Background: African-American females are disproportionately affected by HIV and sexually transmissible infections (STIs). The prevalence of anal sex and its association with other sexual risk behaviours is understudied in this population. Methods: Participants were 715 African-American females, 15 to 21 years old, who had reported sexual activity in the previous 60 days. Data collection included an audiocomputer assisted self-interview (ACASI) and a self-collected vaginal swab specimen assayed using nucleic acid amplification tests to detect the presence of Chlamydia trachomatis and Neisseria gonorrhoeae, and real-time polymerase chain reaction assay to detect Trichomonas vaginalis. Results: Approximately 10.5% reported anal sex, at least once, during the 60 days before completing the computerised baseline assessment. The prevalence of any STI was significantly greater among adolescents reporting recent anal sex (40% tested positive for at least one of three laboratory-confirmed STIs) relative to those adolescents not reporting anal sex (27.5% STI prevalence). Of the 10 outcomes comprising the sexual risk profile, seven achieved bivariate significance, with each of the differences indicating greater risk for those recently engaging in anal sex. In multivariable controlled analyses, six of the seven measures retained statistical significance. Conclusions: African-American adolescent females who engage in penile-anal sex may experience an elevated risk of vaginally-acquired STIs. The findings suggest that, among those having penile-anal sex, several HIV/STI-associated sexual risk behaviours are significantly more prevalent. Thus, penile-anal sex may be an important proxy of overall sexual risk behaviours and can be readily assessed during paediatrician visits as part of a sexual history.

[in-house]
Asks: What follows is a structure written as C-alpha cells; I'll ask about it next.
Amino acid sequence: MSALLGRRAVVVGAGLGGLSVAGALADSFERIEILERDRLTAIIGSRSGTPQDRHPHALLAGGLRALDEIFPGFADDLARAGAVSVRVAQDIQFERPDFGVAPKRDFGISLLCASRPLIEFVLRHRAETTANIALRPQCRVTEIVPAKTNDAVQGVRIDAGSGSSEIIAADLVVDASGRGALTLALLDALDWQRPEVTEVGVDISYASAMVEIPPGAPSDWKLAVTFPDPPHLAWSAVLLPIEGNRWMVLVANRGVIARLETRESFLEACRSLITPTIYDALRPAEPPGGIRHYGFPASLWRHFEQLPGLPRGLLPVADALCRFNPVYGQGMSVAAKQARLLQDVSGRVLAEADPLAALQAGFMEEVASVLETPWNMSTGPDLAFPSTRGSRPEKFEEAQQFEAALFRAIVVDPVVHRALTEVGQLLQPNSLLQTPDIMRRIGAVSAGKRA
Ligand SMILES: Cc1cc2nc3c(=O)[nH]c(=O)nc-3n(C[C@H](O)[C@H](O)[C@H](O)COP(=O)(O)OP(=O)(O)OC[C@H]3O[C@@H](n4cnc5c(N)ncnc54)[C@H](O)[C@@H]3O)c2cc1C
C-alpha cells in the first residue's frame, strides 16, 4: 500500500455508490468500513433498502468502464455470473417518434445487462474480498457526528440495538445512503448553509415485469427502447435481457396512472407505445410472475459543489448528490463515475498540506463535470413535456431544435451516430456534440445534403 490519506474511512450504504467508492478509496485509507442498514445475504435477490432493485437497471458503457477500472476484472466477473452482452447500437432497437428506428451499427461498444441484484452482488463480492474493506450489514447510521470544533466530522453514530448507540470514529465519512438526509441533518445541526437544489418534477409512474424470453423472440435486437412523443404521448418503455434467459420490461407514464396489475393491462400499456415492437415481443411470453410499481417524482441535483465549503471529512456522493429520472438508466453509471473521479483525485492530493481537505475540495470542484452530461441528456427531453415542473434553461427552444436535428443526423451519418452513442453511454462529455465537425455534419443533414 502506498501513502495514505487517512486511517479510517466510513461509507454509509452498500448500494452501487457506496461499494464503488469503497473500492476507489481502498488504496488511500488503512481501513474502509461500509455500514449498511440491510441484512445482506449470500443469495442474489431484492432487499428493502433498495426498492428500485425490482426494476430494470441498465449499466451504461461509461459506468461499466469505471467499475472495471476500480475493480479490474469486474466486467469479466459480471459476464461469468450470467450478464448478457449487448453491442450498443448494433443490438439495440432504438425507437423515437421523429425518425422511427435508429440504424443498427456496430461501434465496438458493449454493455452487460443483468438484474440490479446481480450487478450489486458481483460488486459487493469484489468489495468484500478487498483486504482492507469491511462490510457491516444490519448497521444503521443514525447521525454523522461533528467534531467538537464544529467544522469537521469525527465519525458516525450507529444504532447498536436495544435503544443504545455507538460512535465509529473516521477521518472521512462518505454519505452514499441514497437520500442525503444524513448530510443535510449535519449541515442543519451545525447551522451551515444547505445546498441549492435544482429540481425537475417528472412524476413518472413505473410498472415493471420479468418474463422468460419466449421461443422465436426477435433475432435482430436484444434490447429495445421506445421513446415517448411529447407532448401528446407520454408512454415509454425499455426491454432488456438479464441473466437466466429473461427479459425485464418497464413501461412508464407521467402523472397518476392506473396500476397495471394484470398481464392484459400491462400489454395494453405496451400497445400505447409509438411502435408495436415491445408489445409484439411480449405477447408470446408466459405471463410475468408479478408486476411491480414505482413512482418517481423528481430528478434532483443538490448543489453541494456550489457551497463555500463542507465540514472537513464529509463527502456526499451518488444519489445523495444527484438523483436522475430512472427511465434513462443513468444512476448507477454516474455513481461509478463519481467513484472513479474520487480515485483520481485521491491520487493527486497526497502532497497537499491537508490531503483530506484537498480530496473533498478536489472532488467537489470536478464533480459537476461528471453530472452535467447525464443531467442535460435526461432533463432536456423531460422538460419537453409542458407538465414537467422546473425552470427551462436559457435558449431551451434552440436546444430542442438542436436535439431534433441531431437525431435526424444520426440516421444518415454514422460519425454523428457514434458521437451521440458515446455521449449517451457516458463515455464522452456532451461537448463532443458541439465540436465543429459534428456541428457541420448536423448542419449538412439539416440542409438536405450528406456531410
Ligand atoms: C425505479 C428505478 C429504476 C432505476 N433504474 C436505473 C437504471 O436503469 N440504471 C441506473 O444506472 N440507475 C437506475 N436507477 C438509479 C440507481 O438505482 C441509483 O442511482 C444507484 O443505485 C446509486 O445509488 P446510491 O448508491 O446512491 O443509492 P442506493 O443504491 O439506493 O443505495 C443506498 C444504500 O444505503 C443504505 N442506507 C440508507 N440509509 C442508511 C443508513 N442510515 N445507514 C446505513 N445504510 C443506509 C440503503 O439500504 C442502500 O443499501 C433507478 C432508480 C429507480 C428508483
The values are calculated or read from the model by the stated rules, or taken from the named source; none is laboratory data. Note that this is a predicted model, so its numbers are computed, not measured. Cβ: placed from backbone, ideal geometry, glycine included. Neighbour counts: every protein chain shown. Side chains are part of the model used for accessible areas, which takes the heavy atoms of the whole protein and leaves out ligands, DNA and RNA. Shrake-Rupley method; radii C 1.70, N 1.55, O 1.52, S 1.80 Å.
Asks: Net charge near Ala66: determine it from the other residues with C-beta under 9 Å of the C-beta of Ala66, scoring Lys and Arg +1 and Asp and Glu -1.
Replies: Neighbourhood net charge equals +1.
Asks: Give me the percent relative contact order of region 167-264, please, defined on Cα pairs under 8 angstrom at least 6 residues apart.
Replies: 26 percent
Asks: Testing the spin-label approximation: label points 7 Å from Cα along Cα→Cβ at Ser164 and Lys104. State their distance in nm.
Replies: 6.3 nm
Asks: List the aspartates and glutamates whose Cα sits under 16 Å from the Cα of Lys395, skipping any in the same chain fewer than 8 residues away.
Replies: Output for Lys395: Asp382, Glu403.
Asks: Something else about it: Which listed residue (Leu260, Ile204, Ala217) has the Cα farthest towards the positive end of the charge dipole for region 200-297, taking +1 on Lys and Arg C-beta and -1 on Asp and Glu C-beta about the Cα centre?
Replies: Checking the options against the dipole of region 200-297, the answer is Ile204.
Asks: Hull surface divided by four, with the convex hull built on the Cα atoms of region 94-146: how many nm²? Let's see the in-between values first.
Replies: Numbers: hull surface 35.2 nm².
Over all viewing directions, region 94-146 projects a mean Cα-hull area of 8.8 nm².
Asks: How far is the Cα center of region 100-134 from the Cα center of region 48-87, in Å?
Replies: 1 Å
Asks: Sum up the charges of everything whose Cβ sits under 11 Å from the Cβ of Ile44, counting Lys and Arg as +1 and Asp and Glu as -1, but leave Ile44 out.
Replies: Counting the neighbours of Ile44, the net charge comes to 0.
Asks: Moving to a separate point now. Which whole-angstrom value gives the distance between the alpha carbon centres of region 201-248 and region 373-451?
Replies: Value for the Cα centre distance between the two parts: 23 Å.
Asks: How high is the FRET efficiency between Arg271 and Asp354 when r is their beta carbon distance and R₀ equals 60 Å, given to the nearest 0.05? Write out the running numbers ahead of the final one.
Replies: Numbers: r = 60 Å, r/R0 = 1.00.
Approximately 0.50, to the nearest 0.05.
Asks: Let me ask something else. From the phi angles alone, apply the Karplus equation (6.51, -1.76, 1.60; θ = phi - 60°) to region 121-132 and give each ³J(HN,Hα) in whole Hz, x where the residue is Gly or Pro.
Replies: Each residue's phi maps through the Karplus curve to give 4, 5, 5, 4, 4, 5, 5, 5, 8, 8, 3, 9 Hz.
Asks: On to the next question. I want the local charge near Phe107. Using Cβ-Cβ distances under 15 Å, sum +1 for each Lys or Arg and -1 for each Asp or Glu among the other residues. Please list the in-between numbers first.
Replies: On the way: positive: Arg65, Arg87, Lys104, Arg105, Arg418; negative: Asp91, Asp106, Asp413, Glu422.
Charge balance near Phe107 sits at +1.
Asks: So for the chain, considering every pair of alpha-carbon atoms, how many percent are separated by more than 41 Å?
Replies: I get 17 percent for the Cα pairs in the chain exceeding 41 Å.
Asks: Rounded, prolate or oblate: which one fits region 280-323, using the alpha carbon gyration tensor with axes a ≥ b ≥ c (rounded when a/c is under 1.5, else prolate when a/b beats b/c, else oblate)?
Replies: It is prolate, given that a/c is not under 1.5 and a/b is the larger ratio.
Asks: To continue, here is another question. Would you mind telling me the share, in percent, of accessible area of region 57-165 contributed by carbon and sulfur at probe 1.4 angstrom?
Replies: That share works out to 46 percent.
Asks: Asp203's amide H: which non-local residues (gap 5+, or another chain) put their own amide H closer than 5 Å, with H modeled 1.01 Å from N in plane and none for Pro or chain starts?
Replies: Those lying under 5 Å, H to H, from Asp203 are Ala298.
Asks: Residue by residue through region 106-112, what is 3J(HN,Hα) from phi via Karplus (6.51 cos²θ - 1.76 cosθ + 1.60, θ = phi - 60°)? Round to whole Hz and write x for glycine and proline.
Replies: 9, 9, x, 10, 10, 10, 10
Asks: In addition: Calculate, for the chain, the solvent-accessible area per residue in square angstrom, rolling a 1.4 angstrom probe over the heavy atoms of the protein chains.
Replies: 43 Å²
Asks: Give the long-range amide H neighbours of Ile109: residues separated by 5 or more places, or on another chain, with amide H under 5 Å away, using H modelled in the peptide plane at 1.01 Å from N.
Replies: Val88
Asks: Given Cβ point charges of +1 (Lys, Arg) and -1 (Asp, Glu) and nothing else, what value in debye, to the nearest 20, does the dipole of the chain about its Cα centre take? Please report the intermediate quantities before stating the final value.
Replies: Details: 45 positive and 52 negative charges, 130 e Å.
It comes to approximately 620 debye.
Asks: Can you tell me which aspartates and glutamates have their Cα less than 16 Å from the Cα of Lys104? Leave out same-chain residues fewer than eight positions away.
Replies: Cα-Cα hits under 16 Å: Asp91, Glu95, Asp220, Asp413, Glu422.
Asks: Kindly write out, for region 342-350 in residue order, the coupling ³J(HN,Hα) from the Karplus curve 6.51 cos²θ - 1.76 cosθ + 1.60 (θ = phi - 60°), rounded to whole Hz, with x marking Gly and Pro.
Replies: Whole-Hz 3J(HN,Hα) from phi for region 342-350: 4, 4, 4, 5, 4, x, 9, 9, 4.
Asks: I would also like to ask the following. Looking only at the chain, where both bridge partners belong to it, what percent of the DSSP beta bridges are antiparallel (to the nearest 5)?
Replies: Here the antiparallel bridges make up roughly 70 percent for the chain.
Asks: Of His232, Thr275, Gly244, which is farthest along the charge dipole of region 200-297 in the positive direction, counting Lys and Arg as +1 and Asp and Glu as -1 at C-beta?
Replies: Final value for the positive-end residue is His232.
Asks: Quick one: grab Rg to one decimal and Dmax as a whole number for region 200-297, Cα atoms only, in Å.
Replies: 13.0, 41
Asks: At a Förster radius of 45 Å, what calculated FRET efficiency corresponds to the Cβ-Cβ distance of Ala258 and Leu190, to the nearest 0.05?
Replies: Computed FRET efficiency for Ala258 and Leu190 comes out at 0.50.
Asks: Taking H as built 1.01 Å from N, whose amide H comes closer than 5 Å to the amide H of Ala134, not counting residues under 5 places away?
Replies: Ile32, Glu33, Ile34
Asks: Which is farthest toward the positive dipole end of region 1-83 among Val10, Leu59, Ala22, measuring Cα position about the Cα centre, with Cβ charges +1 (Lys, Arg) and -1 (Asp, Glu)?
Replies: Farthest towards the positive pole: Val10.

- Nucleic acid amplification tests
ASJC Scopus subject areas
- Public Health, Environmental and Occupational Health
- Infectious Diseases